The trailing stop limit order works by continually moving in line with the price if it is going in your chosen direction. However, the trailing stop limit remains fixed if the price reverses and starts moving in the opposite direction. You will be taken out of the trade once the price hits the trailing stop limit order.

Trailing Stop Loss vs Trailing Stop Limit

A trailing stop loss order is a market order that instructs your broker to close the trade once price hits the specified level. However, a trailing stop limit order instructs the broker to close your position at the specified price, or at a better price. A trailing stop limit ensures that you get the price you requested or better unlike a trailing stop loss order, which could be filled at a worse price than expected.

So, we now have an understanding of:

  • What a trailing stop loss order is
  • How to set one
  • What a stop limit is
  • The difference between a stop loss and a trailing stop loss order

With this in mind, let’s move on to potential trailing stop loss strategies to deploy.

Average True Range (ATR)

The ATR trailing stop strategy is one of the most popular trailing stop strategies among traders. The strategy’s popularity is based on the fact that it is based on an asset’s current volatility, hence, it is an accurate reflection of the price action.

Most traders use the 3 ATR values as their preferred trailing stop limit since it gives trades a sufficient distance to run. Let’s compare the different ATR values and how they respond to price changes.

1 ATR trailing stop limit

1 ATR trailing stop limit

You can see that you would have been stopped out of the trade very early and missed out on the rest of the trend.

2 ATR trailing stop limit

2 ATR trailing stop limit

The 2 ATR trailing stop distance is much better and would have kept you in the trade for much longer.

3 ATR trailing stop loss distance

3 ATR trailing stop loss distance

While the 3 ATR trailing stop loss limit is much better but it would not have been enough to keep you in the trade for the entire duration of the trend.

3.5 ATR stop loss distance

ATR stop loss distance

In this trade, a trailing stop loss distance of 3.5 ATR values would have kept you in the trade for much longer leading to you reaping the maximum profits on the trade.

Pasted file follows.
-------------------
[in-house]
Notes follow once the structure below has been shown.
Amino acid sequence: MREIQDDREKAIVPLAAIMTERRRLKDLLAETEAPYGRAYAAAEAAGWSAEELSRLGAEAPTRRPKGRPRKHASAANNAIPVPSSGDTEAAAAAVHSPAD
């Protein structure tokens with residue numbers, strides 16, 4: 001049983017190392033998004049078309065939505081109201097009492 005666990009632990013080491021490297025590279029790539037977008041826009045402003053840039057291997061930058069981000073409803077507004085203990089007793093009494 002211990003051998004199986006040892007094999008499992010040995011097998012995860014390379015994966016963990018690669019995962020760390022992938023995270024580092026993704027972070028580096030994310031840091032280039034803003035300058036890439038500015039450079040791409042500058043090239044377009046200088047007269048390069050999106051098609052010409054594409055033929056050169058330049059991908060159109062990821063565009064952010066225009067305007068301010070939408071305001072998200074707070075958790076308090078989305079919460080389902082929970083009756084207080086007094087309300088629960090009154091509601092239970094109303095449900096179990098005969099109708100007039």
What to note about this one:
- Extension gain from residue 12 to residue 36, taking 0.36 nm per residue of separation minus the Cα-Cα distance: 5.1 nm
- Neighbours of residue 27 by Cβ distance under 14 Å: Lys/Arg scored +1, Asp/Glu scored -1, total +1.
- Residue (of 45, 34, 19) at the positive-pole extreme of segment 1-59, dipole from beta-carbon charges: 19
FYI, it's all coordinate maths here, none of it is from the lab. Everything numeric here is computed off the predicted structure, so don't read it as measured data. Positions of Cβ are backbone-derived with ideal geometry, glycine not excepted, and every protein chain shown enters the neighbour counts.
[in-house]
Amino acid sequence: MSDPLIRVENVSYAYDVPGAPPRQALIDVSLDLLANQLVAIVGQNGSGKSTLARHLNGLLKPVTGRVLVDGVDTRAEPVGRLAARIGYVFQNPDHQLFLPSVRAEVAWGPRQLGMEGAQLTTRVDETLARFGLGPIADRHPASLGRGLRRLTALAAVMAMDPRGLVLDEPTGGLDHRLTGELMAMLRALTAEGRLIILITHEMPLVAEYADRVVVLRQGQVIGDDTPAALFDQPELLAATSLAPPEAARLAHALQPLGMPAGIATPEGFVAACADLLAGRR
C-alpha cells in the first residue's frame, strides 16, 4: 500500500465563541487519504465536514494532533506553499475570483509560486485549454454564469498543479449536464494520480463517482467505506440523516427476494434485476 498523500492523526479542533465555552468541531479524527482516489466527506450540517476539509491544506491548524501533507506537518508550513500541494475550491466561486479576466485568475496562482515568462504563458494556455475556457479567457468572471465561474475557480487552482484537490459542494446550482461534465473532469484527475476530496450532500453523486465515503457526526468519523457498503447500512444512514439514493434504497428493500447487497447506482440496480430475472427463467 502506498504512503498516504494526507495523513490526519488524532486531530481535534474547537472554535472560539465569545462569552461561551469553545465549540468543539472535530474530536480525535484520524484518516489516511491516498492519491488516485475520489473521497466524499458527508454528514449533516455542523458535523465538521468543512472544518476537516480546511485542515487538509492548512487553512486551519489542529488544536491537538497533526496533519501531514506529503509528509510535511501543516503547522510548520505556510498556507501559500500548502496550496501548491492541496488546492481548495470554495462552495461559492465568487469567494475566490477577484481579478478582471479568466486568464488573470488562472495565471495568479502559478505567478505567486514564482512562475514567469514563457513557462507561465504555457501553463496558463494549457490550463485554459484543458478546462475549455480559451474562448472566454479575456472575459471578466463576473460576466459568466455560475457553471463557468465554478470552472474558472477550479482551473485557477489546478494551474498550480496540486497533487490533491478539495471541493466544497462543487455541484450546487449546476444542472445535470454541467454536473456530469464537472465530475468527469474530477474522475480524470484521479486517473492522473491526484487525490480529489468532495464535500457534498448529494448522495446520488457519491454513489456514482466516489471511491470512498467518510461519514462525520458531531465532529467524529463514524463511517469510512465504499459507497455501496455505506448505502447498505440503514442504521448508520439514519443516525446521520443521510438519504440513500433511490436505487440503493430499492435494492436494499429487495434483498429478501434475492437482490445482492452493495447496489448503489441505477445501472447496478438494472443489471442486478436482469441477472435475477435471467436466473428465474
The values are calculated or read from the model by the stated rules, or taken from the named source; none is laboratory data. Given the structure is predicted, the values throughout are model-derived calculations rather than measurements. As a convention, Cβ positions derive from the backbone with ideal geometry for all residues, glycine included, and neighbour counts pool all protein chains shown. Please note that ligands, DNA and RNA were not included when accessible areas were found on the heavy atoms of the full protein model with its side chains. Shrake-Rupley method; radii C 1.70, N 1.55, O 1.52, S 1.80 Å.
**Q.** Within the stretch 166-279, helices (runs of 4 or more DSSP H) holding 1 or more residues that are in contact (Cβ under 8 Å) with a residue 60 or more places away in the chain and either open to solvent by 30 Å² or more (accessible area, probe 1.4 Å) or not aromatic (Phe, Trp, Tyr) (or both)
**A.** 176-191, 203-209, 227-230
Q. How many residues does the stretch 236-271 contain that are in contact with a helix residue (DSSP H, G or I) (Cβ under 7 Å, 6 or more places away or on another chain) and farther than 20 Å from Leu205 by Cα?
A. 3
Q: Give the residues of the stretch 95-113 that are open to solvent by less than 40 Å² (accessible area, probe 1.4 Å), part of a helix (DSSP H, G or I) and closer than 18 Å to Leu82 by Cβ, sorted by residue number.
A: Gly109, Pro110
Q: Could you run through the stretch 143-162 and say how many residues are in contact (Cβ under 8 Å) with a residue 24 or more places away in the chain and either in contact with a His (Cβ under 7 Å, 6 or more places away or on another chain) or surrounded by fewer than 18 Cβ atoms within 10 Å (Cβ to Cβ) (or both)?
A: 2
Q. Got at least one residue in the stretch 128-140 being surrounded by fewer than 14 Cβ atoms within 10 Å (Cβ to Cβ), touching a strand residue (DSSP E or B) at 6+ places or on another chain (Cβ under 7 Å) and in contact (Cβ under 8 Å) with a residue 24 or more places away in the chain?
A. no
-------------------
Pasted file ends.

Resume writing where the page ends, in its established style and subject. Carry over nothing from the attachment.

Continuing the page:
From the above charts, it is clear that the wider trailing stop loss distance could have kept you in the trade for longer as opposed to the smaller ATR multiples.

Advantages

The main advantage associated with the ATR trailing stop is that it moves with the price and can locks in profits on open trades. It works well when automated as it can work independently even when you are not monitoring your trades.

For example, you can use the ATR values on the hourly chart if you want to hold the trade intra-day or for a few days at most. You can switch to the ATR values on the daily chart if you plan to hold your trades for several days at the least extending into a week or more.

Moving Average (MA)

You can also use the moving average indicator as a trailing stop given that it tracks the price of an asset very smoothly. The MA works in much the same way as the ATR indicator but you cannot have multiple of the MA as is the case with the ATR.

Most traders use the 20-period moving average or exponential moving average (EMA) to ride a trend up to exhaustion. Therefore, you can use the same setting to stay in a trending trade up until the trend is exhausted and the MA takes you out of the trade.

Automating Your Trailing Stops

You can see that the Ma trailing stop above would have kept you in the bullish trend on Alibaba stock, which started on October 24, 2019, and lasted for three months up to January 27, 2020.

Automating Your Trailing Stops

You can automate your trailing stop loss orders and limit orders by using Expert Advisors made to track changes in the ATR, the MA and any other indicator you choose.

Disadvantages

The main advantage associated with the ATR and MA trailing stop loss indicators is that a spike in the price may cause them to be triggered, kicking you out of the trade. You could be taken out of a trade prematurely due to the spike since the ATR and MA are lagging indicators, hence, will not react immediately to the sudden price change.

Final Thoughts

Using a trailing stop loss order in your trading is an excellent way to ensure that you reap the maximum profits from a trend while protecting your gains. The fact that a trailing stop loss order moves when the price moves in your favour while remaining fixed when the price reverses virtually eliminates the chances of having a profitable trade turn into a loser.